• The orcs who took Merry and Pippin quarrel over their captives and their quarrel is leveraged by the hobbits to plot their escape.
  • Gandalf refuses to kill either Saruman or Wormtongue. In the end, Wormtongue finishes Saruman off himself.

I thought about this theme in Tolkien’s stories, and its caused me to think about my responses and reactions to evil that I encounter around me and in others. As a young man I was far more given to the notion of swift and final justice of any perpetrator of evil. The further I get in my journey the more I’ve come to appreciate that life is not always as simply black and white.

Even God, through the word of the prophets, makes it clear that sometimes the agents of evil unwittingly serve the greater design of the Great Story. In Isaiah’s prophetic messages to the nations in the past few chapters there has been a recurring theme of Israel’s enemies accomplishing God’s larger purposes. And, sometimes  implodes and devours itself.

Then do not be too eager to deal out death in judgement,” Gandalf says to Frodo regarding Gollum’s deserving justice. “For even the very wise cannot see all ends.”

This morning I’m thinking about grand themes of good and evil, of mercy and justice. I would love for things to always be simple in the story telling and to avoid the messiness of the mystery. I would especially appreciate it as I apply these themes to my own life and relationships. Yet, my life journey has taught me that things are rarely that simple. The truth is that I would have quickly dispatched Gollum and considered it a just end, but then how would the larger epic have ended?

I’m left, as I am so often am, praying for wisdom and discernment. I’m trying harder than ever to suppress my natural eagerness to deal out judgement. I’m trying harder than ever to increase love in tangible ways.

 

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The Importance of the Backstory

If a man commits adultery with the wife of his neighbor, both the adulterer and the adulteress shall be put to death.
Leviticus 20:10 (NRSV)

Over recent months I have been reading J.R.R. Tolkien’s The Silmarillion. It is not an easy read. Rather than a simple and continuous narrative, The Silmarillion is a collection of stories that, together, create the cosmology of Tolkien’s fictional universe from its creation.  Having a lot of excellent on-line reference material has been extremely helpful.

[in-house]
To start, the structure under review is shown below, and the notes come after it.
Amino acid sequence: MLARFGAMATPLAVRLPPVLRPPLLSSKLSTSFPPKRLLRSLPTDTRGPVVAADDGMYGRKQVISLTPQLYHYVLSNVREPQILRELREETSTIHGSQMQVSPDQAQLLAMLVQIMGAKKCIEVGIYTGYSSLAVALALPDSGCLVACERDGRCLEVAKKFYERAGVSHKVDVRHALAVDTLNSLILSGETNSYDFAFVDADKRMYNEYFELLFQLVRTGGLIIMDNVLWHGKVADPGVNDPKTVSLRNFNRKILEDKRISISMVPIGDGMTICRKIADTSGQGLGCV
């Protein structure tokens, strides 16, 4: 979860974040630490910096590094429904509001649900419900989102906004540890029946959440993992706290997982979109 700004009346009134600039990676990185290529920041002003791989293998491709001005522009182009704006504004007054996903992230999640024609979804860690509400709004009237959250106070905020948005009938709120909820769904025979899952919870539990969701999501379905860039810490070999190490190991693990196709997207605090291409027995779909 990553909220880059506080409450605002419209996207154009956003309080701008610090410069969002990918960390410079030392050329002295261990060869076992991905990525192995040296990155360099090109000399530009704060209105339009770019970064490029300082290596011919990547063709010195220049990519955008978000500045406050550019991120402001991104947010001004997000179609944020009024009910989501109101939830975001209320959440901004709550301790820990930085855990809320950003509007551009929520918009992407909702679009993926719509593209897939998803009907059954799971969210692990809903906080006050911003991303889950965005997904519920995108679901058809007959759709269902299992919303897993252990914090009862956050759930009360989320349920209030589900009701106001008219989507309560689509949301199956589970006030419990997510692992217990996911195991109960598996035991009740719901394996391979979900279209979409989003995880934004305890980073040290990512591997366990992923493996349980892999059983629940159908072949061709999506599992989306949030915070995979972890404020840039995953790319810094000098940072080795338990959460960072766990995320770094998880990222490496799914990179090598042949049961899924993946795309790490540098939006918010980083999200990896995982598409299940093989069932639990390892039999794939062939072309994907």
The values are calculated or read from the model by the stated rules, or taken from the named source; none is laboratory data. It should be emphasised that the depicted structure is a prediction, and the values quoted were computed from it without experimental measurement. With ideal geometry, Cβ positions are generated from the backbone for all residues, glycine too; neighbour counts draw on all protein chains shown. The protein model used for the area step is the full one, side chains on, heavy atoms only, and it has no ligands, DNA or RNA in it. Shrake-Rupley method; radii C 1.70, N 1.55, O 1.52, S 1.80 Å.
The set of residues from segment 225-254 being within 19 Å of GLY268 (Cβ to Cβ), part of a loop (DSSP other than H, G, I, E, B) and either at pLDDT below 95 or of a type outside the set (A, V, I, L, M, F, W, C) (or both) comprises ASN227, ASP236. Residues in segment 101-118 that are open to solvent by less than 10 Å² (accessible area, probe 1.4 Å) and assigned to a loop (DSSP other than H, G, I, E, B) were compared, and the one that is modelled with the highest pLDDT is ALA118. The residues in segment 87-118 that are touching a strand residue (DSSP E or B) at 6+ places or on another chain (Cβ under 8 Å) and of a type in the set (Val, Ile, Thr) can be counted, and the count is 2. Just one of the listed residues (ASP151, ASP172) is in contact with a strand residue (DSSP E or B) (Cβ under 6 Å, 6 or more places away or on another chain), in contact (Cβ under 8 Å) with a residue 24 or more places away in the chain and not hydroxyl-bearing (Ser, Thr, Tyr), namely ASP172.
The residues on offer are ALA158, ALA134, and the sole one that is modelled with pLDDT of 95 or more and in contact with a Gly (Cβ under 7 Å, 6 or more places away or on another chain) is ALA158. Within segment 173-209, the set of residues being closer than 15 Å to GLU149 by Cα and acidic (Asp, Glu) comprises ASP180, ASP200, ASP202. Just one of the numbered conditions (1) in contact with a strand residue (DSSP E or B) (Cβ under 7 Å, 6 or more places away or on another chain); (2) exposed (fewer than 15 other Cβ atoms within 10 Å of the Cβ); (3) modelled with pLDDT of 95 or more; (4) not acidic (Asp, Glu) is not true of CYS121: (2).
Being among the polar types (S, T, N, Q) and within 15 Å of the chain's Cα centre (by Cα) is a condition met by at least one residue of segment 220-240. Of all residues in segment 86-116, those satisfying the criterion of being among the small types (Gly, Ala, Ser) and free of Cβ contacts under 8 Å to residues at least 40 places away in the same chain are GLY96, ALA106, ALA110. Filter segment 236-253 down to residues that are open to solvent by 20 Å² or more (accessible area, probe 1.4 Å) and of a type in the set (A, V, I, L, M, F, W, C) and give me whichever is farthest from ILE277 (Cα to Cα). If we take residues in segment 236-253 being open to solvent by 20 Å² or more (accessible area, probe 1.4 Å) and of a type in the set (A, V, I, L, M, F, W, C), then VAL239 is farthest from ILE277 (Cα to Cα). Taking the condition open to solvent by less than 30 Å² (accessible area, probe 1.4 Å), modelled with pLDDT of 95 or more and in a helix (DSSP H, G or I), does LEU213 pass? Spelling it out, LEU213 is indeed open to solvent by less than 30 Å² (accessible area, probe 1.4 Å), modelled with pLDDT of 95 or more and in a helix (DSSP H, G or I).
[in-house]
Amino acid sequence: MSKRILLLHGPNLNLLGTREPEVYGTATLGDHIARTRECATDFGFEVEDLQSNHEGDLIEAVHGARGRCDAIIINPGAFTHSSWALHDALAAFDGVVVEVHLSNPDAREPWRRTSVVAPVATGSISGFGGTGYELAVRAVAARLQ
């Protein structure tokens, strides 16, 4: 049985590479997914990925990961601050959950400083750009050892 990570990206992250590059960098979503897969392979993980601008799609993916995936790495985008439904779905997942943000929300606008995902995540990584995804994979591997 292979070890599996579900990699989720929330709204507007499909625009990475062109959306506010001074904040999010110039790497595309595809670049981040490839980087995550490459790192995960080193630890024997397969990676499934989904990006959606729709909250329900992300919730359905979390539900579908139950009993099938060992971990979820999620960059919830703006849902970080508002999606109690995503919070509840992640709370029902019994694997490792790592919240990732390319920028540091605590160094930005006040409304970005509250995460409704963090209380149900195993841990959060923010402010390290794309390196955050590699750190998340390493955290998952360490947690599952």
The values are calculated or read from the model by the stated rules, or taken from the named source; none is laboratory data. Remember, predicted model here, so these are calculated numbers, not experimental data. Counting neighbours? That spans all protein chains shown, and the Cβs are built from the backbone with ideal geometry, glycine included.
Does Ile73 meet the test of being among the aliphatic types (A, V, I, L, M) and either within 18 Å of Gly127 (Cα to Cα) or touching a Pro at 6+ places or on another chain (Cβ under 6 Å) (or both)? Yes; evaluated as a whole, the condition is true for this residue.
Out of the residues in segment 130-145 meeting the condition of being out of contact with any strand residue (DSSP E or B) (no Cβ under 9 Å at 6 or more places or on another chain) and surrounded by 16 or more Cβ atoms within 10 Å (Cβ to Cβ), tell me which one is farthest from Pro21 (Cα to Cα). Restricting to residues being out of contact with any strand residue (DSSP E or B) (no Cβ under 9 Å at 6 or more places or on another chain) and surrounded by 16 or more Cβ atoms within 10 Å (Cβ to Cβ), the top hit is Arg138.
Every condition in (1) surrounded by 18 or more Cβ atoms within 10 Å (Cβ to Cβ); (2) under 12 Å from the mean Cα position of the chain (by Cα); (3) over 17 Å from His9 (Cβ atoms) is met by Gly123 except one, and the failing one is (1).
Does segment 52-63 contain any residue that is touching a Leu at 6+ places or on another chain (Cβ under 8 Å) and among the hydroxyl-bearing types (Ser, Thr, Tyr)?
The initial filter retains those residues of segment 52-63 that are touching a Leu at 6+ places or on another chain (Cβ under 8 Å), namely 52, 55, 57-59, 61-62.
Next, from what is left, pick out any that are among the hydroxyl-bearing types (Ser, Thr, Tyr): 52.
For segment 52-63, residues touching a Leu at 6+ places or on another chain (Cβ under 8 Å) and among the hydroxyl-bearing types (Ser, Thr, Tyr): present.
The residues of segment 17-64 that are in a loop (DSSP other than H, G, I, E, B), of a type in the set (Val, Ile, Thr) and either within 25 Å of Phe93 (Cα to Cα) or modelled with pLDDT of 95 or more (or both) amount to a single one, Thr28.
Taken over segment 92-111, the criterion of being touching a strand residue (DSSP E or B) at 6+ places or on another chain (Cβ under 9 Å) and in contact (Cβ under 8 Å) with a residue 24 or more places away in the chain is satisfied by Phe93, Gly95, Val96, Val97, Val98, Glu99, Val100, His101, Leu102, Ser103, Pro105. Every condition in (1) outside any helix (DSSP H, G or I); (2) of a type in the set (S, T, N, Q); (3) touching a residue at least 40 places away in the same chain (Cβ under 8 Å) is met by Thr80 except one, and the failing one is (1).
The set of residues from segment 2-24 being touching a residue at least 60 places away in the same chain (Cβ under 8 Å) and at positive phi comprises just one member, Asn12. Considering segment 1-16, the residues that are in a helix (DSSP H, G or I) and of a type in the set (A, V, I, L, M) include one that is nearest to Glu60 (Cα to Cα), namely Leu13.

Slogging my way through The Silmarillion I am constantly inspired as I make connections and gain a broader understanding of the backstory of The Lord of the Rings. Knowing the backstory makes the story I know so well even more colorful and thought provoking. I better understand why the elves are leaving Middle Earth and where they are going. I better understand exactly what the “Three rings of elven kings” really are and represent. I learn the skinny on Shelob the giant spider and the evil Sauron, the scary faces in the Dead Marshes, all the obscure references made by the hobbits and about hoard they find with the barrow wights in the Old Forest, and the song Aragorn sings as he and the hobbits camp on the road to Rivendell.

In many ways The Silmarillion parallels the loose collection of history, poetry, prophecy, and legal text that make up what is commonly known as the Old Testament. For many people these ancient writings are difficult to wade through and understand. Nevertheless, I’ve always found that without them I have an incomplete view of who Jesus is, what His message was about, and why things happened the way they did. The stories of Jesus suddenly gain more color and depth in context with the backstory.